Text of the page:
- The Washington Times - Wednesday, April 9, 2014

Officials have charged a Kentucky farmer after 49 dead horses and 15 others that appeared emaciated were recovered Monday from his Pendleton County farm.

“In nine years, this is the worst case of animal cruelty I’ve seen,” Scott Pracht, the county’s equine investigator, told the Cincinnati Enquirer.

The farm’s owner, 63-year-old Larry Browning, said he hasn’t done anything wrong, and that he planned to sell the horses to either private owners or slaughterhouses outside of the country.

Most of the horses rescued from the farm had a Henneke body score of 1½ to 3. A horse with a body condition score of 1 is considered emaciated, according to the Kentucky Horse Council.

Beckey Reiter, director of Boone County Animal Care and Control, said that in her 26 years of experience, she has never seen so many deceased animals.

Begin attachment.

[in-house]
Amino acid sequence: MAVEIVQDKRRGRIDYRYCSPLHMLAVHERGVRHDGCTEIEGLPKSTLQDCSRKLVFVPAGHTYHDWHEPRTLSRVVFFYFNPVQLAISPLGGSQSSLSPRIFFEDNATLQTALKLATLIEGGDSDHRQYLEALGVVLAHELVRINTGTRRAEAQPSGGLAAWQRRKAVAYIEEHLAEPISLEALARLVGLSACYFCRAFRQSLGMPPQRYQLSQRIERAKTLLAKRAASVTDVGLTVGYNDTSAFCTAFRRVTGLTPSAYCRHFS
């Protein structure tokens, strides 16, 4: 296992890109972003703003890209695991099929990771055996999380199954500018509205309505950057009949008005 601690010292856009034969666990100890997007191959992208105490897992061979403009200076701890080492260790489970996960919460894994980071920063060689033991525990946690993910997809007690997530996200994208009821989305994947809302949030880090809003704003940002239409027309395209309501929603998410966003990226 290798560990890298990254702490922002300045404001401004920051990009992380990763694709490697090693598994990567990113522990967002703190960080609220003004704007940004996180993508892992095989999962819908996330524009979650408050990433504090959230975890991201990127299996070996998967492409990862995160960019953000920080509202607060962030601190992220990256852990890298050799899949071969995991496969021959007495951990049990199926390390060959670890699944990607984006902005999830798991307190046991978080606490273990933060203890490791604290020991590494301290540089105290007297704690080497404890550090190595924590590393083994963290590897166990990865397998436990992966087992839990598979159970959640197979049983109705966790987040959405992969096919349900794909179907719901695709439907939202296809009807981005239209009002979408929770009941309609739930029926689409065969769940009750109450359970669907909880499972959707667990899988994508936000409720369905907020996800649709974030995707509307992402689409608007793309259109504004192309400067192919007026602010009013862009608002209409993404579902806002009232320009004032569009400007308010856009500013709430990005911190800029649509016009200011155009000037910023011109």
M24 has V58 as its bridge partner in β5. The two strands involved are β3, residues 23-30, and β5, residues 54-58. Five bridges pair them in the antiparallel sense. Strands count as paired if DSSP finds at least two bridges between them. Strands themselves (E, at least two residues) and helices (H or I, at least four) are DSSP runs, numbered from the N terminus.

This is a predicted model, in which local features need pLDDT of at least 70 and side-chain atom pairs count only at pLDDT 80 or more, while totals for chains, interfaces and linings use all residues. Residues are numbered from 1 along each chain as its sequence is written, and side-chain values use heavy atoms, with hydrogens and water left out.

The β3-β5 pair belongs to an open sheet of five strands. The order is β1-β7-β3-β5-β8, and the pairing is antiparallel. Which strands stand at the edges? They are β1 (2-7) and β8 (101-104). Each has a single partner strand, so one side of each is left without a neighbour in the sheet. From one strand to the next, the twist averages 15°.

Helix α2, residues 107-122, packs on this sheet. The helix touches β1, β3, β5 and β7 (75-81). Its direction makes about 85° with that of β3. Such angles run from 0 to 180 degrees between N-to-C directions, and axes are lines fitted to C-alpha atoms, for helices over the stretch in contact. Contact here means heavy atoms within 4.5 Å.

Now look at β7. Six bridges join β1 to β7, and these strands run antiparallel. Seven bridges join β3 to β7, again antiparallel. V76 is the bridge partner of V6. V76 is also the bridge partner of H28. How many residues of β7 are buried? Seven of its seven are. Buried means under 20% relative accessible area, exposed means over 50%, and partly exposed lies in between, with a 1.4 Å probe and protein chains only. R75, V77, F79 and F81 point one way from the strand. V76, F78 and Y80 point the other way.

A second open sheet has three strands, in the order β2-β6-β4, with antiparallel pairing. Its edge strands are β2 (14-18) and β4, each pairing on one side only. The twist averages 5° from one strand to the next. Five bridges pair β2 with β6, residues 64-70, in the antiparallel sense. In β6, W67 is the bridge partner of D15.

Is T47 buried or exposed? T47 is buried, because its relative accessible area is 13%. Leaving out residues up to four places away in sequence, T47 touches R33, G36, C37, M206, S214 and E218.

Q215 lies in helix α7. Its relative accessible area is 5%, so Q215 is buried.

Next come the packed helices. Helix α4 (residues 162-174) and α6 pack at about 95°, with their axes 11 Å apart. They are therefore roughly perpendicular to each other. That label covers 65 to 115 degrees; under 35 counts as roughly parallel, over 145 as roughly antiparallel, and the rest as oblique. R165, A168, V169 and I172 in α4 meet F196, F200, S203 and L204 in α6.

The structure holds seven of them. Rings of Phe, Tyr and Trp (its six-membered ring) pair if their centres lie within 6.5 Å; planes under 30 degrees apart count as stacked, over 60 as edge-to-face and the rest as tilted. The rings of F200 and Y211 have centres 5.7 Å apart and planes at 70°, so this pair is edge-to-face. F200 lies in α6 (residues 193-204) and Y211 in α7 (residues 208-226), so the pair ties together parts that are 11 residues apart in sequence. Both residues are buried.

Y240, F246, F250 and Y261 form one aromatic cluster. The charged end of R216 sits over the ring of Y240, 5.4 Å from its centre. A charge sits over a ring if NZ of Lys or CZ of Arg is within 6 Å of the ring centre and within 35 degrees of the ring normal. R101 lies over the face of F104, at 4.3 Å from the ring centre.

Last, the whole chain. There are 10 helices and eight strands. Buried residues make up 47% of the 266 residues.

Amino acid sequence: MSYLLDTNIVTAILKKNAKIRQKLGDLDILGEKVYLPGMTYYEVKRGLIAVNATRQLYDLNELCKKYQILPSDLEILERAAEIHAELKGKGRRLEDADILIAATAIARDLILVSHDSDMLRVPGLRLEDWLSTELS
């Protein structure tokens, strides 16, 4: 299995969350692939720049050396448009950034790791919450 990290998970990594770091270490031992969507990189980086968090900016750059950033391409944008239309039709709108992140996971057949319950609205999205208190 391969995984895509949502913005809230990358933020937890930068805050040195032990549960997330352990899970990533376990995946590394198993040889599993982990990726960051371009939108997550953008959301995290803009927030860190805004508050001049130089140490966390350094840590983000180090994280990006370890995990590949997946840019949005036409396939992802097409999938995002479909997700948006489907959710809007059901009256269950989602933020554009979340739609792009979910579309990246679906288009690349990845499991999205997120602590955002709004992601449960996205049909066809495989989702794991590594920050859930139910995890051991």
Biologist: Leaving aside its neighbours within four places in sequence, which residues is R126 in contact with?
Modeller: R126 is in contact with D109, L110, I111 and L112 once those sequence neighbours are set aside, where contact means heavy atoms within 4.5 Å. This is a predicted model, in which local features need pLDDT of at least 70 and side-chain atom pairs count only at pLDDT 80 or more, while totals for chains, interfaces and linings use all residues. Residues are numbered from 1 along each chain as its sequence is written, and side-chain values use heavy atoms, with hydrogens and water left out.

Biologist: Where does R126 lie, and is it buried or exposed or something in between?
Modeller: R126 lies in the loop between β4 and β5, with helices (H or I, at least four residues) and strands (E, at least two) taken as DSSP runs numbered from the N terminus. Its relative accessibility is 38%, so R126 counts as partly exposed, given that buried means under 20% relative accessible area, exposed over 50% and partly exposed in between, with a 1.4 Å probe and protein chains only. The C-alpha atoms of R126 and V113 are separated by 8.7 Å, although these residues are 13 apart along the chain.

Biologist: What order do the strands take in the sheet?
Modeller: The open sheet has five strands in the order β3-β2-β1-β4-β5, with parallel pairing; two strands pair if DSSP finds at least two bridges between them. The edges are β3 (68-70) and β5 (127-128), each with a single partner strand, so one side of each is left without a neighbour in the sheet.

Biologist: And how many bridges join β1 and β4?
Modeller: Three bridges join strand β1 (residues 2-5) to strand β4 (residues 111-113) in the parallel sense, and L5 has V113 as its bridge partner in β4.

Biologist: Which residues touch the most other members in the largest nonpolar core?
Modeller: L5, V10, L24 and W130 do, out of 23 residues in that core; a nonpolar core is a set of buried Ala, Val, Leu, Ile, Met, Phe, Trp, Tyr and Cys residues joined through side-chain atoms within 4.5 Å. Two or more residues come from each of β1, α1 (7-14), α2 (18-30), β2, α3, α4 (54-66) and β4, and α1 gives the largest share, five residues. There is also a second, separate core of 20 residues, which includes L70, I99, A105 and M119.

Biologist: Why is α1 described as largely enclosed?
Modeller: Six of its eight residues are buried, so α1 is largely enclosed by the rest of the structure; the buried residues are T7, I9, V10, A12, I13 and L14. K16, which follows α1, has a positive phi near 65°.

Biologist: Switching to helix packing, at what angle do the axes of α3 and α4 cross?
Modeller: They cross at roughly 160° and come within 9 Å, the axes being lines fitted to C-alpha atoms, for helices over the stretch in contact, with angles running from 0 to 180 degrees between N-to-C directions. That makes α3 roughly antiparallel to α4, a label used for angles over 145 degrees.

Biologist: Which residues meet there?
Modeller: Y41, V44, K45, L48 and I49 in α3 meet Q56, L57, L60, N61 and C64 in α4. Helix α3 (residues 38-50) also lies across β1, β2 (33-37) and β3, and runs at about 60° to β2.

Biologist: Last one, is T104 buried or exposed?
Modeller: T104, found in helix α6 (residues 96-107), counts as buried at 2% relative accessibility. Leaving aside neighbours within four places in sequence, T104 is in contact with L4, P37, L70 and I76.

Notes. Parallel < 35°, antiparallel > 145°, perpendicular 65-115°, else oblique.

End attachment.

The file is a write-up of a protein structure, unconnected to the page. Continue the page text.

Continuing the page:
“I just don’t understand it,” she told the paper. “I’ve seen large cruelty cases, but I don’t think I’ve seen any where there has been more than half dead when you’re talking about 100 animals.”

Kentucky State Police cited Mr. Browning for 15 counts of animal cruelty and 49 counts of not disposing of an animal carcass within 48 hours, the Enquirer reported.

About three dozen horses were left behind with Mr. Browning.

Mr. Pracht went back to the farm Monday and told the paper that he could see at least one dead horse from the road and several others entangled in barbed wire trying to get through a fence.



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